Regretfully, as government’s appetite for funding world-changing technologies has fallen, the traditional funding model—where researchers build incrementally upon grants—has become woefully inadequate. While corporations have sponsored basic AI research at universities through their own grants, much of the funding comes with restrictions and guardrails on topics, and most is focused on problems that a major company thinks could drive the next dollar of profit.

Instead, we need to think about the interests of these incoming PhD students. Their curiosity and boundless enthusiasm will generate “moonshot ideas.” It’s time to create a crucible to hatch these transformational opportunities and I can’t think of a better place to do that than Caltech.


Why invest in computer science at Caltech?

Many of the great breakthroughs in science and engineering have come from applying ideas from one discipline to another. I believe very few institutions have such a rich history as Caltech in fostering this interdisciplinary approach so vital in creating breakthrough inventions. Caltech prides itself on not siloing its faculty members or graduate students.

Interest among Caltech students in computer science has skyrocketed. Areas such as machine learning, deep learning, and quantum cryptography, and their applications—including autonomous driving cars, robotics, the automated workplace, and cybersecurity—are some of the most exciting technologies being worked on today.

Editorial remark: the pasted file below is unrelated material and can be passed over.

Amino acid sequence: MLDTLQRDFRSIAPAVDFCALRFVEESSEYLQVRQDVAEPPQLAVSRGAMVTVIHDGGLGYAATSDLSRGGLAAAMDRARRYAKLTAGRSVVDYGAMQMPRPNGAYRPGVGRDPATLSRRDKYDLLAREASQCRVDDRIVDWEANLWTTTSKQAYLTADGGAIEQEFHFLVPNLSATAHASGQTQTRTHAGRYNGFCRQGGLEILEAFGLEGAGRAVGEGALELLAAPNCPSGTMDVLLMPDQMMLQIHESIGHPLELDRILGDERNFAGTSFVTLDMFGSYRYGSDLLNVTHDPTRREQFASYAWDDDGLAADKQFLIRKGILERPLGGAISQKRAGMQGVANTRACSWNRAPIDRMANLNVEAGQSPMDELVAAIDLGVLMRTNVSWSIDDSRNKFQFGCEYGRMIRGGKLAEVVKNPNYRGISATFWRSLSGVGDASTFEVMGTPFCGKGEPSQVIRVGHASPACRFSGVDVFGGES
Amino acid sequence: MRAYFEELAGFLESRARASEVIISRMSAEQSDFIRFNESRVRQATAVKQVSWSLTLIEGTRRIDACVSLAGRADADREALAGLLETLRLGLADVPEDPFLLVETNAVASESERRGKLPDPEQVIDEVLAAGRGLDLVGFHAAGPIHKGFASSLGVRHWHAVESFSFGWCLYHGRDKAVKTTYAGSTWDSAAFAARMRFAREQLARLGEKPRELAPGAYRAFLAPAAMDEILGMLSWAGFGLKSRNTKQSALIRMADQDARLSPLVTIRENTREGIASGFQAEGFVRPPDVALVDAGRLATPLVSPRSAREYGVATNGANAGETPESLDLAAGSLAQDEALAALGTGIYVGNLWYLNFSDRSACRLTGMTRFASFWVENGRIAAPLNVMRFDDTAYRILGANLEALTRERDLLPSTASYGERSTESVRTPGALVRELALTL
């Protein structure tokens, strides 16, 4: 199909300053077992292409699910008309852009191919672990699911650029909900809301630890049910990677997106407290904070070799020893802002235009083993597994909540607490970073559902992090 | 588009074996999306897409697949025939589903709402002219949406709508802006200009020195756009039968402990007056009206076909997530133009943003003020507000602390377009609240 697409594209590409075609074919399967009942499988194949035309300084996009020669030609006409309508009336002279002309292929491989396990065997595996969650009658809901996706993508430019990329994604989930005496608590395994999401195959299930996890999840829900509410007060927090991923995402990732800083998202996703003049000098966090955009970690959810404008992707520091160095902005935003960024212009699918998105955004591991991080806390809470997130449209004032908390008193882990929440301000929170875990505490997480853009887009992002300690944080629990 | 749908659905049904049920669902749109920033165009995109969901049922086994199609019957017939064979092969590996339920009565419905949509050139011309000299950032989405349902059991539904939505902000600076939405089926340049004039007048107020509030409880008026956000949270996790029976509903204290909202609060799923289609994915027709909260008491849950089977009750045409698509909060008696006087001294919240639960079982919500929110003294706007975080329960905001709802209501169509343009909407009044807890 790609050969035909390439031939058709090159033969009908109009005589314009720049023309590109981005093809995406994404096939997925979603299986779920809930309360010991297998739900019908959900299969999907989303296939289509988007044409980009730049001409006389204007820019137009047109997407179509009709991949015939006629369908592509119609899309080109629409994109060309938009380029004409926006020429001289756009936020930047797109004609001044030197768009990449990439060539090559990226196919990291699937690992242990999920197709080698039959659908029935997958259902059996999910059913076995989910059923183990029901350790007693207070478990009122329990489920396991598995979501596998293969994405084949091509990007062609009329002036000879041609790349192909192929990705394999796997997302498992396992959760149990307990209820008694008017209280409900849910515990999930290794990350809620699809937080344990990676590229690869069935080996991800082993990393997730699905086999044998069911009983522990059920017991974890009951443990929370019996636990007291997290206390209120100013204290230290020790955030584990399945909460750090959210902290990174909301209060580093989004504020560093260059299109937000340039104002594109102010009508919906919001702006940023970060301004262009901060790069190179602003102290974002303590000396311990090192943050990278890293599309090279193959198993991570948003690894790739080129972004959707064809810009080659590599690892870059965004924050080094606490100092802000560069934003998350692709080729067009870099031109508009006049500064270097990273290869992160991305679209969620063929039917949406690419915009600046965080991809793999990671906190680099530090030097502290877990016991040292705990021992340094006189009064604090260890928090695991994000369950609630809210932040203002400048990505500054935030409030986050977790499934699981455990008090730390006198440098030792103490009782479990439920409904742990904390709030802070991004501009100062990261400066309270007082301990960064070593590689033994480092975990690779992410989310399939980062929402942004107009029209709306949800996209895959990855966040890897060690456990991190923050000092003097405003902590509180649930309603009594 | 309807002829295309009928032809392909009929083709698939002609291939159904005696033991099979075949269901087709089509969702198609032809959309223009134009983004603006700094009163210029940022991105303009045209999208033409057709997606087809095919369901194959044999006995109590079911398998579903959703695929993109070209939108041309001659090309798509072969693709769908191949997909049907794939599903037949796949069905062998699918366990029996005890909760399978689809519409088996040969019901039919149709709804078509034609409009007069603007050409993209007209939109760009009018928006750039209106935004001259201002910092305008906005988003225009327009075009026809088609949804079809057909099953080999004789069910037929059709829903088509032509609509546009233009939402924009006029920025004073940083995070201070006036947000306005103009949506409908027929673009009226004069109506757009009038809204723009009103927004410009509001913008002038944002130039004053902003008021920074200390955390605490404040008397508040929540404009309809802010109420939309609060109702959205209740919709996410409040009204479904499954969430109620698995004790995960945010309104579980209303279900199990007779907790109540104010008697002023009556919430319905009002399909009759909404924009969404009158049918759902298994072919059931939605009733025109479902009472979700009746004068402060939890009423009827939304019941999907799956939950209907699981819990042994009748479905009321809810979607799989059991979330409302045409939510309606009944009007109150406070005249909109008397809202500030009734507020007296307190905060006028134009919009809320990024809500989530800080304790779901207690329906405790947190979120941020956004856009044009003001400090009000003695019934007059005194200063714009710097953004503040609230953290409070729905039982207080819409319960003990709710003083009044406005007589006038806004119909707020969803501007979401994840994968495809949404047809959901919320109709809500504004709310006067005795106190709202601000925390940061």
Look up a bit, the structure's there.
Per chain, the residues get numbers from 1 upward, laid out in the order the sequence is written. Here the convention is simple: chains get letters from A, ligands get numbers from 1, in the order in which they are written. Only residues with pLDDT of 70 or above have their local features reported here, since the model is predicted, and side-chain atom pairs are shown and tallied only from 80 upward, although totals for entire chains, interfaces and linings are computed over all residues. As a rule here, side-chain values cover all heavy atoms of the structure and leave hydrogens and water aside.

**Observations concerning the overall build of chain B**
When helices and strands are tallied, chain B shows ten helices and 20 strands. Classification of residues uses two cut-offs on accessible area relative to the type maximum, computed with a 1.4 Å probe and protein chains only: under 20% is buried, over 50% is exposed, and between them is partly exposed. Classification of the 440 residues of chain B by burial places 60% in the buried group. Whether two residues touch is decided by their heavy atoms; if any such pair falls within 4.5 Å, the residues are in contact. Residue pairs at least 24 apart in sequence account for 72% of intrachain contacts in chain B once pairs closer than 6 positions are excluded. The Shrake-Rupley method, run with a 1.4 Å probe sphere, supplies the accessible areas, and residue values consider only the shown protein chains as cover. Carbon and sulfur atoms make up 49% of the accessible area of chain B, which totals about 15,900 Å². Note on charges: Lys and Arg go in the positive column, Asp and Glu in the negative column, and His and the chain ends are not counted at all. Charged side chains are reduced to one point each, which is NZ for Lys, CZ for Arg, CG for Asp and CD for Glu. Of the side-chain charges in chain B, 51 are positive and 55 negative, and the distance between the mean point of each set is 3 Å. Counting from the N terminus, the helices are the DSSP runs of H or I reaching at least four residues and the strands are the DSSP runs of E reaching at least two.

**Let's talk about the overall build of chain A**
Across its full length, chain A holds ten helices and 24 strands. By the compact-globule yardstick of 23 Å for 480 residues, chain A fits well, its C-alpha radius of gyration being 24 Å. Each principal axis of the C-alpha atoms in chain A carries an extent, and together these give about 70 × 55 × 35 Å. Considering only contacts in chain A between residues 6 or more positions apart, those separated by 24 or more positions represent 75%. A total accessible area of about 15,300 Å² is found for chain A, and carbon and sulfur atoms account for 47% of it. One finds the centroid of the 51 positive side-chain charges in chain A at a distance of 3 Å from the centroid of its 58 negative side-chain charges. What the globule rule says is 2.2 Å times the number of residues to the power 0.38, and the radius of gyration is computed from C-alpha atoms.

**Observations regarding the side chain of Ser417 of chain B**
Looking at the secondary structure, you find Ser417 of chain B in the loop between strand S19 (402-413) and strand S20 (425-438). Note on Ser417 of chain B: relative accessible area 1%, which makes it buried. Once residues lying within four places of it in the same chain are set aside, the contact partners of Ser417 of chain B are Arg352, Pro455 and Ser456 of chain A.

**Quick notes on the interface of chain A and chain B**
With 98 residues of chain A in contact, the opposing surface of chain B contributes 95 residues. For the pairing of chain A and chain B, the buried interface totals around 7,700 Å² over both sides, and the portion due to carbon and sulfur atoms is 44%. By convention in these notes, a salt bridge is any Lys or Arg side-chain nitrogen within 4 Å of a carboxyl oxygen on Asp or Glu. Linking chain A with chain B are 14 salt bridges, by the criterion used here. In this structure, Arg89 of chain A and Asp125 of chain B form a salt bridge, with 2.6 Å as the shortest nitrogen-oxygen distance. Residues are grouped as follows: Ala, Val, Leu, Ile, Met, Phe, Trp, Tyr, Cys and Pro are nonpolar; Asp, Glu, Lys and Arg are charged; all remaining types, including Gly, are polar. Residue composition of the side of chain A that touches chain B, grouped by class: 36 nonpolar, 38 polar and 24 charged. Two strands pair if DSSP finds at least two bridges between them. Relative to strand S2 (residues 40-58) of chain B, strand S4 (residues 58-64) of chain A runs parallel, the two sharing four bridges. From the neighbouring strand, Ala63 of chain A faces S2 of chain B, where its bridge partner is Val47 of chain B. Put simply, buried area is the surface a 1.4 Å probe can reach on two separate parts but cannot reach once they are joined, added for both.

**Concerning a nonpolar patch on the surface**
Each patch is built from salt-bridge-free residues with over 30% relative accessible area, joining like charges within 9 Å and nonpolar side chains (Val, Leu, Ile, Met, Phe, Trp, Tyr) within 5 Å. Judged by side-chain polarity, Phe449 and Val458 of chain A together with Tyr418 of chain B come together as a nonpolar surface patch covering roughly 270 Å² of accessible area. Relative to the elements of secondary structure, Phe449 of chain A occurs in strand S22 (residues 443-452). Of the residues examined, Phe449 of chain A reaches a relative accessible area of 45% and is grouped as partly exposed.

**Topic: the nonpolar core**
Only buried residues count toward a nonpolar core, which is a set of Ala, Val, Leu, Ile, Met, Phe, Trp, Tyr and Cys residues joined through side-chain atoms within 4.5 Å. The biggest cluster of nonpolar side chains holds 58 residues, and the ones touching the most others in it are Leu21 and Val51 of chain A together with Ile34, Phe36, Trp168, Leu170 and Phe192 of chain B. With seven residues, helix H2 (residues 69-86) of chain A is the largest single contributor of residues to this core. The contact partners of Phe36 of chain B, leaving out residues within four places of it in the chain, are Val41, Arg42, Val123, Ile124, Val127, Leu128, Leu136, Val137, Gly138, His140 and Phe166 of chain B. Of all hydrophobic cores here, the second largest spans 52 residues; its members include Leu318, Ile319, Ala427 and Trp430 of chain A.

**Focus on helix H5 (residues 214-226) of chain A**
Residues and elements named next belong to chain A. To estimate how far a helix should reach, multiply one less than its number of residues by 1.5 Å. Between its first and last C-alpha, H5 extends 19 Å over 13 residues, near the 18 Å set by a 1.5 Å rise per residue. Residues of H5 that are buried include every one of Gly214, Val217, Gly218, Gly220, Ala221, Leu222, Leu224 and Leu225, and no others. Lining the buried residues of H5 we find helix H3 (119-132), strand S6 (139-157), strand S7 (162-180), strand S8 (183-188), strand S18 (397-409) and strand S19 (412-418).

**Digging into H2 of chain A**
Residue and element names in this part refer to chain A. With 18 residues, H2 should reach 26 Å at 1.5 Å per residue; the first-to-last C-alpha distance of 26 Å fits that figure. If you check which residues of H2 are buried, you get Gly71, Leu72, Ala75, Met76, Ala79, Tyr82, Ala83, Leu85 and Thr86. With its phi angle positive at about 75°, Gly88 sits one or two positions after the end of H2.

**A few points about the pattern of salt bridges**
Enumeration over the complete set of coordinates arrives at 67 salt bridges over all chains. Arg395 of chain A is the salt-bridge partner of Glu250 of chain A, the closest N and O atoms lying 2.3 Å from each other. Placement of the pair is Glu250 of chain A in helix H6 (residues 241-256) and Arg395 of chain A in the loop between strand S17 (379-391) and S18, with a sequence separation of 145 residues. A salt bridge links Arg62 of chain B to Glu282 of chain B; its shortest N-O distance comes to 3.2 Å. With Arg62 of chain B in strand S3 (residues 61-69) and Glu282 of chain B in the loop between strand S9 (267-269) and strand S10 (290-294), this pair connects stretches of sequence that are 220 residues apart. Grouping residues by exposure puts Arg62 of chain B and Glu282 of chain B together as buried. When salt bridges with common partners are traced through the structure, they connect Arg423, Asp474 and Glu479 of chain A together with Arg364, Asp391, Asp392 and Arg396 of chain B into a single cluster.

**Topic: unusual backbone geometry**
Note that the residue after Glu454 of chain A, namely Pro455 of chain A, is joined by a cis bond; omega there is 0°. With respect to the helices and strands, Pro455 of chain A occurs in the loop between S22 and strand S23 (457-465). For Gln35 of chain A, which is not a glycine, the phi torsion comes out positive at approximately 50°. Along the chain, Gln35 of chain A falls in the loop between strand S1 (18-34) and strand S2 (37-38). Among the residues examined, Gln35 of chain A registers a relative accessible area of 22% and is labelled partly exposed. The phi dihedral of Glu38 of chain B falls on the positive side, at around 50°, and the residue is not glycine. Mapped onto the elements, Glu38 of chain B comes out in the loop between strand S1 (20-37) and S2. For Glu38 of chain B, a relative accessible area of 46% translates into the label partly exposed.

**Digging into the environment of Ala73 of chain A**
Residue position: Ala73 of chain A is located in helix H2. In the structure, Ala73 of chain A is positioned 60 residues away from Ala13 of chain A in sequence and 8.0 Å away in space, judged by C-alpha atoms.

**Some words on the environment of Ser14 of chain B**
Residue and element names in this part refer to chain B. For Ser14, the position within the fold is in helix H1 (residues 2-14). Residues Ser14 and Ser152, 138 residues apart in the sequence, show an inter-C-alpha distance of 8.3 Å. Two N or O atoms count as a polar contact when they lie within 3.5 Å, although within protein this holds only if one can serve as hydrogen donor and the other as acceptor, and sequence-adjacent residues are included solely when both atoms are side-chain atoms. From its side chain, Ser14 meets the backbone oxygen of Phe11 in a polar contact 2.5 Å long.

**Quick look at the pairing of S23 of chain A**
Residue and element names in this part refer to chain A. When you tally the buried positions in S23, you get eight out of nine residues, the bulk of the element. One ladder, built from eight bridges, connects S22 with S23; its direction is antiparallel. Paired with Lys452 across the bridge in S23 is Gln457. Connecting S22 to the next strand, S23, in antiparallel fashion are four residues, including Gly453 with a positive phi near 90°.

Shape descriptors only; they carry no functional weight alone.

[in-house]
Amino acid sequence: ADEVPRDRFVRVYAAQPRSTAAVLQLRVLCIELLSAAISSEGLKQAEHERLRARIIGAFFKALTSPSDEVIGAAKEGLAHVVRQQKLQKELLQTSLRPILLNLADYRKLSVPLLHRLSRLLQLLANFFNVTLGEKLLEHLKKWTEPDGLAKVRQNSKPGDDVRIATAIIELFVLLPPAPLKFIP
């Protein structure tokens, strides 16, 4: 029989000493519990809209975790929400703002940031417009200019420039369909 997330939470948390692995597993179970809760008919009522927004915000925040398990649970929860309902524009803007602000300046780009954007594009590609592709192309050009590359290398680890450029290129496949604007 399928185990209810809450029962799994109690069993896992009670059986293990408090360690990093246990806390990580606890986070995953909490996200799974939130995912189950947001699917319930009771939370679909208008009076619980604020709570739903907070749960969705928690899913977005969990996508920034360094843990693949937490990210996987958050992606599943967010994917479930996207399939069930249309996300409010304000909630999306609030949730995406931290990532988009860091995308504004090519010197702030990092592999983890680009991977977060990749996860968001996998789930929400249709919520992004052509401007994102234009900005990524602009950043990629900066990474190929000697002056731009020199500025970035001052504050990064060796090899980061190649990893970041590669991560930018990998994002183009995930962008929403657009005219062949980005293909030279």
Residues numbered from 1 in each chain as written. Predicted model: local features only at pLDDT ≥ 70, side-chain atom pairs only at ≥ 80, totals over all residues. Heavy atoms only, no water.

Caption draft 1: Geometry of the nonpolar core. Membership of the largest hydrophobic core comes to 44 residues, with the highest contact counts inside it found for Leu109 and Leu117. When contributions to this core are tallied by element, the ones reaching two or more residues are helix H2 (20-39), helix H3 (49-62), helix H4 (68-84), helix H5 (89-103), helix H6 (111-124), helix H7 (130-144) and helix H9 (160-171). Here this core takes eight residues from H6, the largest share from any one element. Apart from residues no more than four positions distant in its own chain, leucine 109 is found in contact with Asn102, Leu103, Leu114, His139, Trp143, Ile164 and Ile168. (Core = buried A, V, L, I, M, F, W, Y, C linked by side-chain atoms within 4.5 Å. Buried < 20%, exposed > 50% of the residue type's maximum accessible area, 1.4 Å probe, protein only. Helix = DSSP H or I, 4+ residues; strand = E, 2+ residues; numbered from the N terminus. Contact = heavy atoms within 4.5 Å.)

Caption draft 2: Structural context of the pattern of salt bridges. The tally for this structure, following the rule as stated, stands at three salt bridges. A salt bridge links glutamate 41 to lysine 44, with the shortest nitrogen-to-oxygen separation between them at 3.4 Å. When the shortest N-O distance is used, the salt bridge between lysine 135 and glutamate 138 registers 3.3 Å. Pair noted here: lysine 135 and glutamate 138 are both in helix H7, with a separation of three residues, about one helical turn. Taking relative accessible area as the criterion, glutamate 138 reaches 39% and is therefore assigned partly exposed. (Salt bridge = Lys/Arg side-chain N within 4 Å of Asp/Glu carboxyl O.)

In the big picture, why do you contribute to Caltech?

Caltech is a national treasure with a long history of innovations, but without the support of so many amazing alumni and friends, we risk losing our ability to attract the very best researchers and create the next wave of innovation. Moreover, Caltech has had a significant impact on my life and I feel indebted and a sense of responsibility to give back in some way to the Institute.

If our Kortschak Scholars program can help Caltech attract and support the very best students and faculty in computer science, we are confident these scholars will do great things and that will be very satisfying to both Marcia and me.

One of the most enjoyable experiences is sitting down with prospective scholars. Their boundless optimism and off-the-charts creative talents are inspiring. The opportunity to engage with super-smart, super-creative, and super-motivated students really excites us.

The Kortschak Scholars program offers something that is truly rare. It provides much more than financial support. The connections the program will provide to mentors beyond campus will create leaders in research and beyond who see research in a distinctive way because of their time at Caltech.
- Adam Wierman, Professor of Computing and Mathematical Sciences; Director, Information Science and Technology